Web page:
Flight of Shadrach

February 21, 1851

There differing  accounts of the arrest, rescue, and flight of Shadrach.  One is from the editor, one “chiefly from the ‘Commonwealth'”, and one a copy of the official deposition of the Deputy Marshall Patrick Riley, the arresting officer.  They are essentially the same, with differing views of Commissioner George Curtis, (Garrison says Curtis is “the willing and pliant tool of the Slave Power, which is dragging this nation down to irretrievable ruin,”),  and different numbers are given of the colored citizens who accompanied Shadrach from the Court, and some differences about the conduct of the rescue.   There is agreement that a delay in the trial had been granted, from the day of arrest, Saturday, until Tuesday, allowing defendants of Shadrach time for preparing a defense.  Defendants of Shadrach are listed as S.E. Sewall, Ellis Gray Loring, Charles List, Richard H. Dana, Robert H. Morris.

Garrison comments:  “Thank God, Shadrach is free -and not only free, but safe! Under the banner of England, on the Canadian soil, he is now standing erect, redeemed and disenthralled, bidding a proud defiance to President Fillmore and his cabinet, though backed by the army and navy of the United States!  Promulgate thy bloody edicts, O Nero who occupiest the Presidential Chair; they shall be laughed to scorn, and trampled in the dust!…”

Garrison’s account indicates that “a  few of the officers may have been jostled, but no one was injured, no blow appears to have been given by the invading forces, no scar was made, no blood was drawn. It was as peaceful a rescue as was ever made in any case of physical interference.”  
Deputy Marshal Riley’s account indicates that there was a struggle at the door, and “that the crowd of negroes finally succeeded in forcing the door wide open, rushed in in great numbers, overpowering all the officers, surrounded the negro, and he was finally forced by them through the doors, down the stairs, and out of the side door of the court house, and thence through the streets to the section where most of the negroes of the city reside, — that officers were dispatched in pursuit, but have not succeeded in finding his present abode.”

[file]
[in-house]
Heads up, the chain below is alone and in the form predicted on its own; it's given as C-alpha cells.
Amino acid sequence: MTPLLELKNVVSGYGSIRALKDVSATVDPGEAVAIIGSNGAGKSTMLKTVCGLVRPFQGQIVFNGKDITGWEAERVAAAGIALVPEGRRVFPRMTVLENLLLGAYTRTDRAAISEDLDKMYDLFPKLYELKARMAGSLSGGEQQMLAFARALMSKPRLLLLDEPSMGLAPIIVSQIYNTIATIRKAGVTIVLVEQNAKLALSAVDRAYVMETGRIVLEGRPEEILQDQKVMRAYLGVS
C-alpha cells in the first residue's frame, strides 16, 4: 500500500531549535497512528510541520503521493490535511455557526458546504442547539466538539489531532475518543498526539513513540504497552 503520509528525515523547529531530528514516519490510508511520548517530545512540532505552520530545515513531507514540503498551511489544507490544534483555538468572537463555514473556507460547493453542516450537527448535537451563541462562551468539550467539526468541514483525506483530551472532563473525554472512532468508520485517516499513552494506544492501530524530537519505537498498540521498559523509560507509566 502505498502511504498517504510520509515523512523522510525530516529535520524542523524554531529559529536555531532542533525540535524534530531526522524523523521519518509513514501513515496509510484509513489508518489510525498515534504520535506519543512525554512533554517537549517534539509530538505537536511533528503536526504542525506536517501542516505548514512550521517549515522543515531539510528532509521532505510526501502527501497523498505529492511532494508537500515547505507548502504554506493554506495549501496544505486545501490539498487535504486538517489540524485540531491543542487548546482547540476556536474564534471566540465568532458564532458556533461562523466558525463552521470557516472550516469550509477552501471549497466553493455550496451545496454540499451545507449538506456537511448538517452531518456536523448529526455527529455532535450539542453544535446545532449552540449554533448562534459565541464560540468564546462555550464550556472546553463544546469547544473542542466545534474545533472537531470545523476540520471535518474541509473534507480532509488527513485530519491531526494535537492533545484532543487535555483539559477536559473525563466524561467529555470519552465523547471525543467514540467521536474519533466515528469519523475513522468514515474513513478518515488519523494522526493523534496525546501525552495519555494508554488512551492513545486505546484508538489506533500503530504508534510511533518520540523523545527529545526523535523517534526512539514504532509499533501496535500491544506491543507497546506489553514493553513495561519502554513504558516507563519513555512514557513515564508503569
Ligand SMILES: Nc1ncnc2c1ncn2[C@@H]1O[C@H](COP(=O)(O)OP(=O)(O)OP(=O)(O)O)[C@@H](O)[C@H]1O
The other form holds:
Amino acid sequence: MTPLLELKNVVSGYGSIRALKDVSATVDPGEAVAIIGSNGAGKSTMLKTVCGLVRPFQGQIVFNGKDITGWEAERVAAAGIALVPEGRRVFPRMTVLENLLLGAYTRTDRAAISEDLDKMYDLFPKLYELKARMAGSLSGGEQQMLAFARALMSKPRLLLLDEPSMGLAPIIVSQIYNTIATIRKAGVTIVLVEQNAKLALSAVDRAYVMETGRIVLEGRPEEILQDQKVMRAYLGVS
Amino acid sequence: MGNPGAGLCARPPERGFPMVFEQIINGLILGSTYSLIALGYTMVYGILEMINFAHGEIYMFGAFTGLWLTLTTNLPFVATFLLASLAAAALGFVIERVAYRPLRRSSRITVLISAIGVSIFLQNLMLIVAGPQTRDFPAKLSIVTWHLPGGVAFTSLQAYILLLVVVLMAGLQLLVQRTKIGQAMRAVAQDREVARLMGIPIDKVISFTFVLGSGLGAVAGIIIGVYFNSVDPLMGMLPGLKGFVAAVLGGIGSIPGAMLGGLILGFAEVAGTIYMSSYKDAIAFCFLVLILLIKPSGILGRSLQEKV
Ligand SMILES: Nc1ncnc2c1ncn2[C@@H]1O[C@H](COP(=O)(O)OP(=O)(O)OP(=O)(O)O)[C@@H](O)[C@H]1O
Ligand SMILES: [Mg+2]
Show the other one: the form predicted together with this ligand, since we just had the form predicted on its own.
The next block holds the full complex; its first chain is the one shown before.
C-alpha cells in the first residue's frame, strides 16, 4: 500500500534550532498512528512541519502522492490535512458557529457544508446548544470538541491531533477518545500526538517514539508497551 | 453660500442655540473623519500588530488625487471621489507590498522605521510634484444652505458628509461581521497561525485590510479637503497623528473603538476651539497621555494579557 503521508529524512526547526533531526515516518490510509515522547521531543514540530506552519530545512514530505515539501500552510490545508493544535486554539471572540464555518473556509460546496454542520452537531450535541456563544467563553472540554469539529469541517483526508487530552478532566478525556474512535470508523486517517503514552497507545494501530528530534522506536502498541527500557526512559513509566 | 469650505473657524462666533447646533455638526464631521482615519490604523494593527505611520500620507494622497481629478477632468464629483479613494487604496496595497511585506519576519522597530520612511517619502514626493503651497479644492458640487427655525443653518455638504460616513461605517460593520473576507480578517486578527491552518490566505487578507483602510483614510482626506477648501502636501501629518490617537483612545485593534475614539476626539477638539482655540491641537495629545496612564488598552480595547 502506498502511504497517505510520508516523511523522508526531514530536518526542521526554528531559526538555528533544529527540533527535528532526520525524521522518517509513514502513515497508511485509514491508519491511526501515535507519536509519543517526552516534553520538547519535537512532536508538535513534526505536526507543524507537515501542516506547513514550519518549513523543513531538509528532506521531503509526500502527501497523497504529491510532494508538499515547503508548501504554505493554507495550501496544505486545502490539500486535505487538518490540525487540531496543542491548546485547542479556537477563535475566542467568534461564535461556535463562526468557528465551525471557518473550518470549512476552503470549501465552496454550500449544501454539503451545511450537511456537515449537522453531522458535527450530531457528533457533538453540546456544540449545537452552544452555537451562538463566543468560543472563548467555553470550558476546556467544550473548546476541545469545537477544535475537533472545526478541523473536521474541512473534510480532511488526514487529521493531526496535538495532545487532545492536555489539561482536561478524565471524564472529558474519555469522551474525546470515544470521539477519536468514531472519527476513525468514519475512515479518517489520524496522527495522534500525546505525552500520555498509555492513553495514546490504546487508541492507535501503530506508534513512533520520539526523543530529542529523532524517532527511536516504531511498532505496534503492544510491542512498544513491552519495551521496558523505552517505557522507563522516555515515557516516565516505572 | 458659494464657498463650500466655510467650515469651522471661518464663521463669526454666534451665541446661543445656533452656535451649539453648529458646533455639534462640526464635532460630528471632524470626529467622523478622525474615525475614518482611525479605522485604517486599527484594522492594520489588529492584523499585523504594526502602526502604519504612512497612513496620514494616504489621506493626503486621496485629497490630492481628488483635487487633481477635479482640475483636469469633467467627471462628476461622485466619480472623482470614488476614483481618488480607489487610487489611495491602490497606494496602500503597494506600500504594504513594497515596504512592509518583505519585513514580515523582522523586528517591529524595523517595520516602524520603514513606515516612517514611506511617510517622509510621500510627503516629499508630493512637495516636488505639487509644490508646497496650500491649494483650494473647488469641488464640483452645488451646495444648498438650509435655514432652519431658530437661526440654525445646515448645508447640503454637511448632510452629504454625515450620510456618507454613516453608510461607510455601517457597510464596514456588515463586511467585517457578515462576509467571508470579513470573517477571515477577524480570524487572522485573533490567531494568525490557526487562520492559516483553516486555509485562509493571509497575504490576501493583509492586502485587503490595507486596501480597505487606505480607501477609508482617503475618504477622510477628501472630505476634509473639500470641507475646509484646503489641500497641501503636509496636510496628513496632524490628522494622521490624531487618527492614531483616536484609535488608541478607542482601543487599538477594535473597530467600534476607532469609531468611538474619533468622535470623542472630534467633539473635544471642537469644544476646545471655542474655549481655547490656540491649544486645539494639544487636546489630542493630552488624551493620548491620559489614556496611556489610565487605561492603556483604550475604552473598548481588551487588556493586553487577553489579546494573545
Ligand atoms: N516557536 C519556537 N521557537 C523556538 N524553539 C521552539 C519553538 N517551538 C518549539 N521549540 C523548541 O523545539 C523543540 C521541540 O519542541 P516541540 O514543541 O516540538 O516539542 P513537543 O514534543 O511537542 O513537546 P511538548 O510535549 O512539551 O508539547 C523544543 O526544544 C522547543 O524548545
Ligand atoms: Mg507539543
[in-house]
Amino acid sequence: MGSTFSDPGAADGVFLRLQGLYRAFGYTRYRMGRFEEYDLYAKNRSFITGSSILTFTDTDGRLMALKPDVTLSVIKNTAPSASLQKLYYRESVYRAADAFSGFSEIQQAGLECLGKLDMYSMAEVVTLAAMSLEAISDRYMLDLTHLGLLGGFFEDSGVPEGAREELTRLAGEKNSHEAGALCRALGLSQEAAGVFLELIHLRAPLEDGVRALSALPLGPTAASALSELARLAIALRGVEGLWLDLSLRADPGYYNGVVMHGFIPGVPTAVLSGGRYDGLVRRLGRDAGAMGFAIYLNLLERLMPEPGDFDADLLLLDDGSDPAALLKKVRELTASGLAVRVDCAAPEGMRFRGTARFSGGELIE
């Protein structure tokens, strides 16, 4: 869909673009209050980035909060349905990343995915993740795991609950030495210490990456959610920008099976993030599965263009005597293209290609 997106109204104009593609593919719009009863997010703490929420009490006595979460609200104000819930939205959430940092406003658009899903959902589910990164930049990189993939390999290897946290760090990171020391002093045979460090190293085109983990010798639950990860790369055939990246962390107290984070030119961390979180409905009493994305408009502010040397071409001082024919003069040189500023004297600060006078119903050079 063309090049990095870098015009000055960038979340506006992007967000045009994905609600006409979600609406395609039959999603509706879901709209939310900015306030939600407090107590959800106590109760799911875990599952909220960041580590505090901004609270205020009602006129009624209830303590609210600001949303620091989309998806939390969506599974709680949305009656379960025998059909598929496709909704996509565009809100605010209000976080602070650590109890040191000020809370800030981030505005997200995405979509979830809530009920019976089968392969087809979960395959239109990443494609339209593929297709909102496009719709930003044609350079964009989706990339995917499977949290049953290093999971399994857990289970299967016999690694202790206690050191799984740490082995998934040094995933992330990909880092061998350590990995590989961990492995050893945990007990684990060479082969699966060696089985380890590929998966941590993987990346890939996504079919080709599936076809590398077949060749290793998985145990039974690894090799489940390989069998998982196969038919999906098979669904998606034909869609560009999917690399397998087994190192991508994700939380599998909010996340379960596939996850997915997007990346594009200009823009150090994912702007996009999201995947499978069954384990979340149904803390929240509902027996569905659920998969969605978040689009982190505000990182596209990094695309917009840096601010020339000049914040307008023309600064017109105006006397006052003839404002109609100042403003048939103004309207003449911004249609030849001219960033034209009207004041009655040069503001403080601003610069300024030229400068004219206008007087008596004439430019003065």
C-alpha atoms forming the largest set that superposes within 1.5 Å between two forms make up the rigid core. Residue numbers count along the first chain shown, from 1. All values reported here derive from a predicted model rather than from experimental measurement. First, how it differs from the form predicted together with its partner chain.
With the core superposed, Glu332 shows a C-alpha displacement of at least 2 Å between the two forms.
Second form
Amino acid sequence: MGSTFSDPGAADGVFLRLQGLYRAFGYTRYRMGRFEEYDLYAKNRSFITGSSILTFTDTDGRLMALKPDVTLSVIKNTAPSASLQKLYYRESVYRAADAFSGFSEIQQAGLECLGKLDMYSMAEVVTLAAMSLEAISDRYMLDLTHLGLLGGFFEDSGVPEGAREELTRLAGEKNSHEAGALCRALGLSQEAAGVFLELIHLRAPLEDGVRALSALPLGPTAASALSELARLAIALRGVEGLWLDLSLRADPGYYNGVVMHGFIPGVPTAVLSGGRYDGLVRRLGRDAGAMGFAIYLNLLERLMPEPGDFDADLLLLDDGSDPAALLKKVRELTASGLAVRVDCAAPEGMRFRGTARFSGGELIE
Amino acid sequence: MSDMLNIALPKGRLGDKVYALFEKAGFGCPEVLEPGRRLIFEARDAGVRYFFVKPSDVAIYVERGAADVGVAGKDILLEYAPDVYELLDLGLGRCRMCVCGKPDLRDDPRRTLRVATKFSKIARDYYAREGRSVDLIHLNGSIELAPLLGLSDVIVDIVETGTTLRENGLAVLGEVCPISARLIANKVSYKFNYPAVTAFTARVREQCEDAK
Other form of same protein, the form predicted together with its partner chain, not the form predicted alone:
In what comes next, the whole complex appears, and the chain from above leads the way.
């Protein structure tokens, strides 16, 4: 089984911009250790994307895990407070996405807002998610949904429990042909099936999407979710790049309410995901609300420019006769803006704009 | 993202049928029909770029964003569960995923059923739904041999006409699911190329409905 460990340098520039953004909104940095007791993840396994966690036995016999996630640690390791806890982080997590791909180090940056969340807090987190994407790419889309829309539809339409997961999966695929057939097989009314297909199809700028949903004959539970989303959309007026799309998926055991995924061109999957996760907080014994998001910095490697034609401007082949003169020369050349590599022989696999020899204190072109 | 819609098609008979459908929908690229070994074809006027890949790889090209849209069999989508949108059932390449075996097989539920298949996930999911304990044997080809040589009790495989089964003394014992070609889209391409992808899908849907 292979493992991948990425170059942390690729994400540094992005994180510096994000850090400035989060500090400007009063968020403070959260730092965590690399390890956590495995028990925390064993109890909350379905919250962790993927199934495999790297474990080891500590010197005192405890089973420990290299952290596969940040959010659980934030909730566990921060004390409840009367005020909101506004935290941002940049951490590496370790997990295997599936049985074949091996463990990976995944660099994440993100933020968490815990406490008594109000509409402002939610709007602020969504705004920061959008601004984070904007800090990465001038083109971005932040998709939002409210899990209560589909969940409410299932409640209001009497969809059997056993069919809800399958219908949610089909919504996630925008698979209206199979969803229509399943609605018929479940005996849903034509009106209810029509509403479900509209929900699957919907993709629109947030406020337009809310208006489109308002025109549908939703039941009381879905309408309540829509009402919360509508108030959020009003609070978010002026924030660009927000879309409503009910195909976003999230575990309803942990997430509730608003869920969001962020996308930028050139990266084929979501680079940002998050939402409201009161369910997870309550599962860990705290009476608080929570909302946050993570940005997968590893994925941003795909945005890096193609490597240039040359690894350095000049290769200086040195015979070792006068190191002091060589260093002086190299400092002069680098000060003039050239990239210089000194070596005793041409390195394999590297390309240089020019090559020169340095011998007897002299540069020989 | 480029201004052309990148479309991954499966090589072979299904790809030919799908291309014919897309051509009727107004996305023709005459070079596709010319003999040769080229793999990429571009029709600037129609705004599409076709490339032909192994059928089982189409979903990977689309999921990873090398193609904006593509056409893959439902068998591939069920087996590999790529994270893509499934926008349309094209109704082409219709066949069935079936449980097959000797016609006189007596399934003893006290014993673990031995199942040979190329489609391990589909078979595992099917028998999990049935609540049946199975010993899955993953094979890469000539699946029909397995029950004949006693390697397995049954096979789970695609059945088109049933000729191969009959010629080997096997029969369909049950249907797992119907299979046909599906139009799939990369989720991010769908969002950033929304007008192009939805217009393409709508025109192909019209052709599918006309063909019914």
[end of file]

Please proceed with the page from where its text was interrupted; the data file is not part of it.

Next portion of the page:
Deputy Marshall Riley’s deposition also includes: “That from the time of the first notice to the Mayor and City Marshal, immediately after the arrest, as heretofore stated, to the giving of this deposition, neither the Mayor nor the City Marshall has appeared, nor has a single officer under their direction appeared or aided in attempting to disperse the mob, or in keeping the peace; and that, in my opinion, it was the predetermined purpose of both not to do their duty in keeping the peace in an about their Court House; for the City Marshal , when requested by Henry S. Hallet, Esq., to disperse a similar mob, which had collected about the office of his father, a United States Commissioner, during the excitement of the ‘Crafts’ case, said that he had orders not to meddle in the matter, as  I am informed by said Hallett, and that the City Marshal gave a similar answer to Watson Freeman, Esq., who asked him about the same time, why he did not disperse the mob, as I am informed by the said Freeman.”

The item from the Commonwealth includes a moment when Riley says to the crowd, “Gentlemen, we are ready to sell, if you have any propositions to make. I will give twenty-five dollars out of my own pocket to buy the man.’  We remarked, that if there was any selling, we hoped it would be of the fellows who were so ready as he to be sold to the kidnappers.  He appeared offended at this remark, and said he only did what he was obliged to do though he thought no law could oblige a man to assist in such atrocious villany.”  After this the account says that the Deputy Marshall ordered the crowd from the room.. The crowd then proceeded with the rescue.

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